Roger Pielke Jr argues that the cost of weather disasters hasn't (yet) outstripped the increase in gross domestic product - in the USA and in the world as a whole. However he warns that absolute costs will continue to rise and that "The inability to detect and attribute increasing trends in the incidence of hurricanes, floods, tornadoes and drought does not mean that human-caused climate change is not real or of concern".
US House Subcommittee on Environment - Hearing on Weather and Climate
As they do from time to time, the U.S. House Subcommittee on Environment had a hearing on weather and climate. The House Committee called on three people: John Christy who has a reputation for spreading disinformation not based on science, Roger Pielke Jr who always seems to be the one who gets trotted out to give evidence about the cost of adapting to and recovering from extreme weather events (more the latter than the former from what I've read) and Rear-Admiral (ret'd) David Titley, who was nominated by the Democrats to give testimony.
The purpose of the hearing was "to examine the links between climate change and extreme weather events such as hurricanes, tornadoes, droughts, and floods". Here are links to the written testimony of John Christy, Roger Pielke Jr and David Titley.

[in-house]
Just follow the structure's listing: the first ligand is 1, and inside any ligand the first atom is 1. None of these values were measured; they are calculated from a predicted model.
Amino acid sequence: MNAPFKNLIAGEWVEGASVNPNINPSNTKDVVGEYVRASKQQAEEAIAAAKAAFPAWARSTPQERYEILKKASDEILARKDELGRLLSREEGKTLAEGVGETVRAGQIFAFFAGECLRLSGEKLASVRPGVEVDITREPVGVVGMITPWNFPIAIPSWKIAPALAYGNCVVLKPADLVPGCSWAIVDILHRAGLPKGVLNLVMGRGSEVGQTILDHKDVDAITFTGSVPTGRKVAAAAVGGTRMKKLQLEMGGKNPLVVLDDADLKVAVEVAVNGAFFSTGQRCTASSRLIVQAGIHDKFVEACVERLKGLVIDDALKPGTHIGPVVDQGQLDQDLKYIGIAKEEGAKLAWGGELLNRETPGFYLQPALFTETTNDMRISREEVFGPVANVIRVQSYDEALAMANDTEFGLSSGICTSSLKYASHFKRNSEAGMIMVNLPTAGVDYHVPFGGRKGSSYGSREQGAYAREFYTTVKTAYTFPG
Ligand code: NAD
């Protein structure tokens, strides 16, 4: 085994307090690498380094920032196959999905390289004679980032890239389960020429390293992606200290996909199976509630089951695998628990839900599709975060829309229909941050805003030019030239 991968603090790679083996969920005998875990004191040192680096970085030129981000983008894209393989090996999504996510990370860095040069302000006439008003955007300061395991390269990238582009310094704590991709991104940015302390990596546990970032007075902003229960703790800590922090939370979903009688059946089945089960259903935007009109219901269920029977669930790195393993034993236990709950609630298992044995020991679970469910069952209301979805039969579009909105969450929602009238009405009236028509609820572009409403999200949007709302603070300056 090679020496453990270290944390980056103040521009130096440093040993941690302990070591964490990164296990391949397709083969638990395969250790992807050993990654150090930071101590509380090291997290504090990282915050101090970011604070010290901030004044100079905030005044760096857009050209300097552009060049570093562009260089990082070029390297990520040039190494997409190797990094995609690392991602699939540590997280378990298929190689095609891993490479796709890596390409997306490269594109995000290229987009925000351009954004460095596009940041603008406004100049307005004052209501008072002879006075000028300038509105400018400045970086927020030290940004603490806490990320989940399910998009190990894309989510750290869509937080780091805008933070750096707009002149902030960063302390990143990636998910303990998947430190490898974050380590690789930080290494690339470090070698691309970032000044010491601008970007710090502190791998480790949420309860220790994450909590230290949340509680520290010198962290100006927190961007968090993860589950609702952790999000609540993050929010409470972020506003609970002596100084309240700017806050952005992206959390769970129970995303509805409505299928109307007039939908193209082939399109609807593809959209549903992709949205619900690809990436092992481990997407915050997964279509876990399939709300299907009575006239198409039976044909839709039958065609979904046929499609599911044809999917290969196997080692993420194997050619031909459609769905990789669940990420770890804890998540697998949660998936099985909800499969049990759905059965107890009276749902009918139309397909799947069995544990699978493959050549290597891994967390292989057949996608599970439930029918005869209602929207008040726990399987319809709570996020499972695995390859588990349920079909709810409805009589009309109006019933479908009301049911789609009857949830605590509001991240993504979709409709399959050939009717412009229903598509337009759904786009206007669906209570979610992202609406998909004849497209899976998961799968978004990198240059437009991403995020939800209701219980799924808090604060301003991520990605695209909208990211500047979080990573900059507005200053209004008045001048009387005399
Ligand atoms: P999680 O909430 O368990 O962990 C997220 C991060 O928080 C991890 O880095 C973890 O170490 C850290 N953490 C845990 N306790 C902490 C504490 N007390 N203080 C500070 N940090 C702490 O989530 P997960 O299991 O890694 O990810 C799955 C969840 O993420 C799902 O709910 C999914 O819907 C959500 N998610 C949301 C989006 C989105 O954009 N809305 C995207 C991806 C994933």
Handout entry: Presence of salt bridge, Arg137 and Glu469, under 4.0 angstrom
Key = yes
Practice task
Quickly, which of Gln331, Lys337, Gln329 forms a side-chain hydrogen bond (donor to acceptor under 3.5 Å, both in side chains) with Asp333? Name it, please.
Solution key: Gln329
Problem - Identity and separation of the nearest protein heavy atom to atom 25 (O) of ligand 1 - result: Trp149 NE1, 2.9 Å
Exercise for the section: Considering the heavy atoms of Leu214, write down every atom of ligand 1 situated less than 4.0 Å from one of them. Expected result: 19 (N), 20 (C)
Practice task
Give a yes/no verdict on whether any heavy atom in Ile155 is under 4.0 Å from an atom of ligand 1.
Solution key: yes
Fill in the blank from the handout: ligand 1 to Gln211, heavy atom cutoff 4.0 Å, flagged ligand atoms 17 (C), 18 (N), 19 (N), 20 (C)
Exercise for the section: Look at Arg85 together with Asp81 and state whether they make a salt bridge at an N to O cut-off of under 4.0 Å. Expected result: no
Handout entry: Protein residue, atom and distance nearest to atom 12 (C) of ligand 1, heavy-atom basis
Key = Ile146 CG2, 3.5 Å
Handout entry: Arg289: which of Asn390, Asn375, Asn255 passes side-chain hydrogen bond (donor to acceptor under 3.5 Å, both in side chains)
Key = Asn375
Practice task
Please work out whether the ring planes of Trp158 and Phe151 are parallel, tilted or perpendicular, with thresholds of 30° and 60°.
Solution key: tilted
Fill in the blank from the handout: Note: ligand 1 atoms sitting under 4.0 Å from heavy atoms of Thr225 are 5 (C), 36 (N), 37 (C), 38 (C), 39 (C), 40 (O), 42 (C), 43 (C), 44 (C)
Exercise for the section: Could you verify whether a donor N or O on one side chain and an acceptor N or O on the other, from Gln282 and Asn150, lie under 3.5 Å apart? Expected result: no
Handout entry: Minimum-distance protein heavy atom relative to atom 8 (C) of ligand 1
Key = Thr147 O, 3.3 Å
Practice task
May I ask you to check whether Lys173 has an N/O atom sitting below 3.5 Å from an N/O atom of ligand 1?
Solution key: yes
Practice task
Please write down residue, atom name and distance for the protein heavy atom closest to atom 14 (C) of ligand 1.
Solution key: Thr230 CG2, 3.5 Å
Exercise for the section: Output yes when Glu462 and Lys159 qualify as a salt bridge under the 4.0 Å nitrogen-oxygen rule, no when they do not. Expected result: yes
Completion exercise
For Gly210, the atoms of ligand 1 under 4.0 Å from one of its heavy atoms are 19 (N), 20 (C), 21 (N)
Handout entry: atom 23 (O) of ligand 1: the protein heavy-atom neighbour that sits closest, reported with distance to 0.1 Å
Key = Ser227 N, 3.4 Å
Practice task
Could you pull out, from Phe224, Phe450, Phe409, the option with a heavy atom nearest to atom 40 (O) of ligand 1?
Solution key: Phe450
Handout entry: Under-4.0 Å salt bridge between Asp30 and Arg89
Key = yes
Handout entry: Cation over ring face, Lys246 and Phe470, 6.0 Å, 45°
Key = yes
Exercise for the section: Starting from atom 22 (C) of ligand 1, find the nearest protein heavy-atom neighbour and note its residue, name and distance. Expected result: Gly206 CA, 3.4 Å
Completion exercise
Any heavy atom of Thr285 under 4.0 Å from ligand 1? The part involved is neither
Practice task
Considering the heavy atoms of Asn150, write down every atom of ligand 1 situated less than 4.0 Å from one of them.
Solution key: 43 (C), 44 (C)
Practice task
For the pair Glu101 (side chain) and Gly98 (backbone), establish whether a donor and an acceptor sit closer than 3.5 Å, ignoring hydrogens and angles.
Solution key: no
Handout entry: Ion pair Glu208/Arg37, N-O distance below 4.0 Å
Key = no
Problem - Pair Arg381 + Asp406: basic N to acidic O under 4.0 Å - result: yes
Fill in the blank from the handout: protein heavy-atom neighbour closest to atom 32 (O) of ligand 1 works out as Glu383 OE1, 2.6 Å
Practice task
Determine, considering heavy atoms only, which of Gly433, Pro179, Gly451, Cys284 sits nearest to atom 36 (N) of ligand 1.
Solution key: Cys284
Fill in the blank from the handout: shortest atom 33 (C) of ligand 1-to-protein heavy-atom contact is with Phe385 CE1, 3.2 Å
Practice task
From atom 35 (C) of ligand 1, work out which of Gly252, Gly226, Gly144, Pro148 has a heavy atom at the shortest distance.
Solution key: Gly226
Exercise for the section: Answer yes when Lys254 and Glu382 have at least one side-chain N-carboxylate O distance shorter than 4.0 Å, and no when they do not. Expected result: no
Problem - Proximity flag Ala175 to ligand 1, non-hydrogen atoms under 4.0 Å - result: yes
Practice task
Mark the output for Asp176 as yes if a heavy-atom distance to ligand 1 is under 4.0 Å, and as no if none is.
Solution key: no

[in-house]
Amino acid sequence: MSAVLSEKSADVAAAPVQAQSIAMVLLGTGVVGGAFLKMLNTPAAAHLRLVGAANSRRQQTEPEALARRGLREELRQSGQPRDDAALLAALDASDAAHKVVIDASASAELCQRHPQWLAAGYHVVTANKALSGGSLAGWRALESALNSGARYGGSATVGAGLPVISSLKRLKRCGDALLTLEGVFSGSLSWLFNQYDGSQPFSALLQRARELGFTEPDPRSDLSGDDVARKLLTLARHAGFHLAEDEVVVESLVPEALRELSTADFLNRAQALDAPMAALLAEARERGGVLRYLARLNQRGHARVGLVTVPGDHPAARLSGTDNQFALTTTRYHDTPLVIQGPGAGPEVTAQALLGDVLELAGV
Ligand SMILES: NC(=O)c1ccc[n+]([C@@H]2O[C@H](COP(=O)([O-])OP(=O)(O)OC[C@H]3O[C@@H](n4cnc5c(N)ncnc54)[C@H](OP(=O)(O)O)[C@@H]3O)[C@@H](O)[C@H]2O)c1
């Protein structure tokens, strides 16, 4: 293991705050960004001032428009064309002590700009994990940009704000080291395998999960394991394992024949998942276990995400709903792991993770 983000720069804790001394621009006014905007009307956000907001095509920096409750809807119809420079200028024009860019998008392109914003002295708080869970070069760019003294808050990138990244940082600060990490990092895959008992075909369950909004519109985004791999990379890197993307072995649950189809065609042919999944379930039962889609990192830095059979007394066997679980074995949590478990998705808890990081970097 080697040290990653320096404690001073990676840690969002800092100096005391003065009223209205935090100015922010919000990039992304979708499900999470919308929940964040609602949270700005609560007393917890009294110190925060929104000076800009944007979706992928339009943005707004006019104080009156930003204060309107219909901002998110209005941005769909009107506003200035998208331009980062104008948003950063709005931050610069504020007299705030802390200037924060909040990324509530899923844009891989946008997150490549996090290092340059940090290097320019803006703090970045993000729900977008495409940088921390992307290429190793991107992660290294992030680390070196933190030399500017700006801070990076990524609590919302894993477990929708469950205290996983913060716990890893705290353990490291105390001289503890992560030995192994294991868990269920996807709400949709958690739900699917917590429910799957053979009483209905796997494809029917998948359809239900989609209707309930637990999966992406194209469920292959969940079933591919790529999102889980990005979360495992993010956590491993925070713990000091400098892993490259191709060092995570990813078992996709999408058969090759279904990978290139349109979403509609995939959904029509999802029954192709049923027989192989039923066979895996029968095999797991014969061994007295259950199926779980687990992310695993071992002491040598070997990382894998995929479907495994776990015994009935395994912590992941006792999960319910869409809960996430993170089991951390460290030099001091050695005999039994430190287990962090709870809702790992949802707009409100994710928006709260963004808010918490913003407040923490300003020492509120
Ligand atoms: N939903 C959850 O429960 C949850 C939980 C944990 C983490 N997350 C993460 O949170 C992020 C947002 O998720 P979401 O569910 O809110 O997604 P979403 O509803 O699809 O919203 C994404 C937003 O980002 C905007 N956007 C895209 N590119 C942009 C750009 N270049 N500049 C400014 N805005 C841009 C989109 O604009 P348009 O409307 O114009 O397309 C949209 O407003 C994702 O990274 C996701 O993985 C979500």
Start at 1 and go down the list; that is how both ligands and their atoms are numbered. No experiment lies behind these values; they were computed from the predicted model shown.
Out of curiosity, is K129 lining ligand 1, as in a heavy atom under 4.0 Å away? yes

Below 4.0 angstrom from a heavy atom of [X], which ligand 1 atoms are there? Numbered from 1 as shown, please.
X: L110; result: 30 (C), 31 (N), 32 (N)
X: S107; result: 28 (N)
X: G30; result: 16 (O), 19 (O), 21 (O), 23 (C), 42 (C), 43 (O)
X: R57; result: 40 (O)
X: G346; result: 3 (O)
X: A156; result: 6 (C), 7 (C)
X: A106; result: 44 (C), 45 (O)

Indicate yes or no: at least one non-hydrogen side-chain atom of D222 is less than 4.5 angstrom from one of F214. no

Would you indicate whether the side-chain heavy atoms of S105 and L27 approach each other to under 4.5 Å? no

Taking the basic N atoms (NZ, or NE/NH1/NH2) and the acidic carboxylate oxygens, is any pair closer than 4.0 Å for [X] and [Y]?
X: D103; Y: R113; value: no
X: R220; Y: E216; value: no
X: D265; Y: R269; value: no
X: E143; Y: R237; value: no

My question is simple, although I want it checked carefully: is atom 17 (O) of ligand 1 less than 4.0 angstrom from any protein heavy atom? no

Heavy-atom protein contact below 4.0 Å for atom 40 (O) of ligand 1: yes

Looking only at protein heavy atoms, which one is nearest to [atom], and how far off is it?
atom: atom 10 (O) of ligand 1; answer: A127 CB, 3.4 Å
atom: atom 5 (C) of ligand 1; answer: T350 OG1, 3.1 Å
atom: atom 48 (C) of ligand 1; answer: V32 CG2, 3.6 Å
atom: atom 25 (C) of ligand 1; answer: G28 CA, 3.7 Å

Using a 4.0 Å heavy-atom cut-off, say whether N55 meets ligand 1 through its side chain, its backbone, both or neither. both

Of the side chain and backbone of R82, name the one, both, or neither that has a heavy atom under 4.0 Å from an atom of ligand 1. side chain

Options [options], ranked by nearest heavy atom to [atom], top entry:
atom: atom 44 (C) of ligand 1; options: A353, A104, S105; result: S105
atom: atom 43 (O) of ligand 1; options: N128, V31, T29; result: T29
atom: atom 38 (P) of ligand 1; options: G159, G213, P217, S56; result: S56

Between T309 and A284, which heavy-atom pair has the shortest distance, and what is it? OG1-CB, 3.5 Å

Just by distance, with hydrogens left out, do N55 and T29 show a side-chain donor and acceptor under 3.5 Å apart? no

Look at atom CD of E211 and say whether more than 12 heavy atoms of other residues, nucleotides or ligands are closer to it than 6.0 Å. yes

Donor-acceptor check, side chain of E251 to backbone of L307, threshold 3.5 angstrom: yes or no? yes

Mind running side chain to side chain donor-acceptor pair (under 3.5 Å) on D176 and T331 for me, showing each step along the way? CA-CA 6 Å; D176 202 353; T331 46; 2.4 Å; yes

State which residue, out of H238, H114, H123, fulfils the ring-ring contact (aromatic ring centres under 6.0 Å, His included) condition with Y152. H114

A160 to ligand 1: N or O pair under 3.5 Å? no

The House Subcommittee was putting on a political show. They were (probably deliberately) asking the wrong question of the wrong people and even then had to leave out half the testimony to report the answer they wanted to get.
Some comments on part of Roger Pielke's testimony
I'll just make some observations about part of Roger Pielke Jr's written testimony. He wrote:
Globally, weather-related losses ($) have not increased since 1990 as a proportion of GDP (they have actually decreased by about 25%) and insured catastrophe losses have not increased as a proportion of GDP since 1960...
...The absolute costs of disasters will increase significantly in coming years due to greater wealth and populations in locations exposed to extremes. Consequent, disasters will continue to be an important focus of policy, irrespective of the exact future course of climate change.